Marcia Bjornerud: Because of the nature of the structure, the iron formation dips about 60-65 degrees to the north, and it's overlain by this thick black shale. It's full of pyrite. And so, to get at the iron formation, other than just the part, the small part that's exposed naturally, they would have to create huge amounts of this pyritic - black shale as waste rock, which would have been very bad. I mean, just the volumes, first of all, but the fact that is full of finely disseminated sulfide - really bad. And the other thing that's kind of interesting is there is some interest, I always go to the Institute on Lake Superior Geology meetings most years when that happens. Apparently, the US Geological Survey has been looking at these black shales as a strategic reserve, either of phosphorus and or rare earth elements - which is sinister. It would definitely be open pit mining on a colossal scale to harvest rare earths out of these things. So there's organic rich turbidites, essentially what they are. [the geologic deposit of a turbidity current, which is a type of amalgamation of fluidal and sediment gravity flow responsible for distributing vast amount of clastic sediment into the deep ocean ]. And you know, it's kind of strange to think about it as their Proterozoic. But, they're black shales because of very, very high organic content. And apparently, people have done assays and there's quite a lot of phosphorus and where there's phosphorus, there's often rare earths. So, this could be the next environmental fight. And ironically, the demand for rare earths is largely coming from green energy demands.
Rudy: And so I wish I could end this podcast by solving the dilemma of mining versus not mining. But I don't have the answers. I don't know the right way to balance the climates need for green technologies, people's needs for good jobs, and our collective need for a healthy environment. Perhaps you though listener, having just learned more about the geologic and human history of the spectacular, the Penokean Orogeny, which is the first chapter Wisconsin's history, maybe you might be able to help find that balance. Just remember, like Marsha said:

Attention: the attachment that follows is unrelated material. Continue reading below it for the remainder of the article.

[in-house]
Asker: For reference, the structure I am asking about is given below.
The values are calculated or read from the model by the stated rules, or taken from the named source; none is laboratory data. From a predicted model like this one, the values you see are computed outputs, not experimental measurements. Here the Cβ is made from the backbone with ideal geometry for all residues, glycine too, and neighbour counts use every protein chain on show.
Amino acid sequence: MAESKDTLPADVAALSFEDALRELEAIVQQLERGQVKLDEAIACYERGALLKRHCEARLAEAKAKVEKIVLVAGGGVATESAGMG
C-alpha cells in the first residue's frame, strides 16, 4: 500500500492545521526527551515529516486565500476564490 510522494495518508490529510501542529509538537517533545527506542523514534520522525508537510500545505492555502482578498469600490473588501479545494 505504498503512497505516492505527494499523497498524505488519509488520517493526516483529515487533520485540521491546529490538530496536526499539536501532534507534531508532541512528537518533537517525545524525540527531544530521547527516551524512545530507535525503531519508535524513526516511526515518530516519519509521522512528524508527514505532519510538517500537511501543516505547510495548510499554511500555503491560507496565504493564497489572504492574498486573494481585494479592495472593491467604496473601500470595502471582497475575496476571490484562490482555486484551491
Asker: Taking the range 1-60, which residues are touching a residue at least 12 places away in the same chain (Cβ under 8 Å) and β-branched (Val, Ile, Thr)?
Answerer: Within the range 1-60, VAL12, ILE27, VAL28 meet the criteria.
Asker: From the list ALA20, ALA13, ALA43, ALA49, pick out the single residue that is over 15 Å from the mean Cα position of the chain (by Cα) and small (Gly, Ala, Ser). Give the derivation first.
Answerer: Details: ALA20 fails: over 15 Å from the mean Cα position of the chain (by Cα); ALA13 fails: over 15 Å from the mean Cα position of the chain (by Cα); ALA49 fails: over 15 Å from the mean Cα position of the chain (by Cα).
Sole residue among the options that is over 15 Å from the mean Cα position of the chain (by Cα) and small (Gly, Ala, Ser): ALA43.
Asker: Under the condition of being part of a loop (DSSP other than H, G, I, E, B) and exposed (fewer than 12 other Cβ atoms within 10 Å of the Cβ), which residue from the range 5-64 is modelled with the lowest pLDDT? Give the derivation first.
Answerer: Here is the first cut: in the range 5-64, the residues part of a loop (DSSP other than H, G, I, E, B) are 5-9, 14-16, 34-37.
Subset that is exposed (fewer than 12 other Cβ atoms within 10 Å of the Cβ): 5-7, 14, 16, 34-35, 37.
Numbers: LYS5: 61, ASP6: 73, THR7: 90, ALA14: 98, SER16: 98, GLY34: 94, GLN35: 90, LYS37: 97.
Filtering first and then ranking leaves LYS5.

Marcia Bjornerud: These, I always tell students that the Proterozoic still casts a shadow over us. I mean, it's still very much with us. We’re in its Thrall in some sense.
Rudy: Yeah, we're still living in the shadow of the Proterozoic, which is the time period when the Penokean Orogeny occurred. And this gets to the whole point of this podcast - that the past isn't over. It continues to live with us today. It's important to learn about the past and not just human history, but the deep earth history, which informs human history, so that we can plan for the future and understand the present. And we've only just begun to explore the deep past of Wisconsin. So, if you're interested in continuing along this journey, join us for the next episode, where we'll jump forward about half a billion years in time and visit the home of the Ringling Brothers Circus - that's Baraboo, Wisconsin.
Thanks for listening. I've enjoyed making this and I hope you've enjoyed listening. If you did, it really helps if you leave a rating or review that helps other people find us. You can also send it to your friends, anyone you think might be interested. They don't have to be in Wisconsin. For more information about the show, you can check out our website, uofpod.org. That's the letters U, O, F. and then pod.org. Also, there, you can find my contact info, and you can let me know if I got anything wrong. Or if there's anything about Wisconsin Geology that you're curious about and want me to cover. I'd really appreciate that feedback. It'd be fun. And before you go, I want to first of all thank Marcia Bjornerud for the excellent interview. If you like what you heard, check out her books or her great writing in The New Yorker and elsewhere. Also, many thanks to the American Geophysical Union's Voices for Science Program, which lent me financial support, podcasting expertise and immeasurable encouragement. The music you heard was the song Arizona Moon by the Blue Dot Sessions. And finally, thanks to Jeremy Randolph-Flagg, who you didn't hear but he has been instrumental in helping me conceive and develop the ideas for Under Our Feet podcast.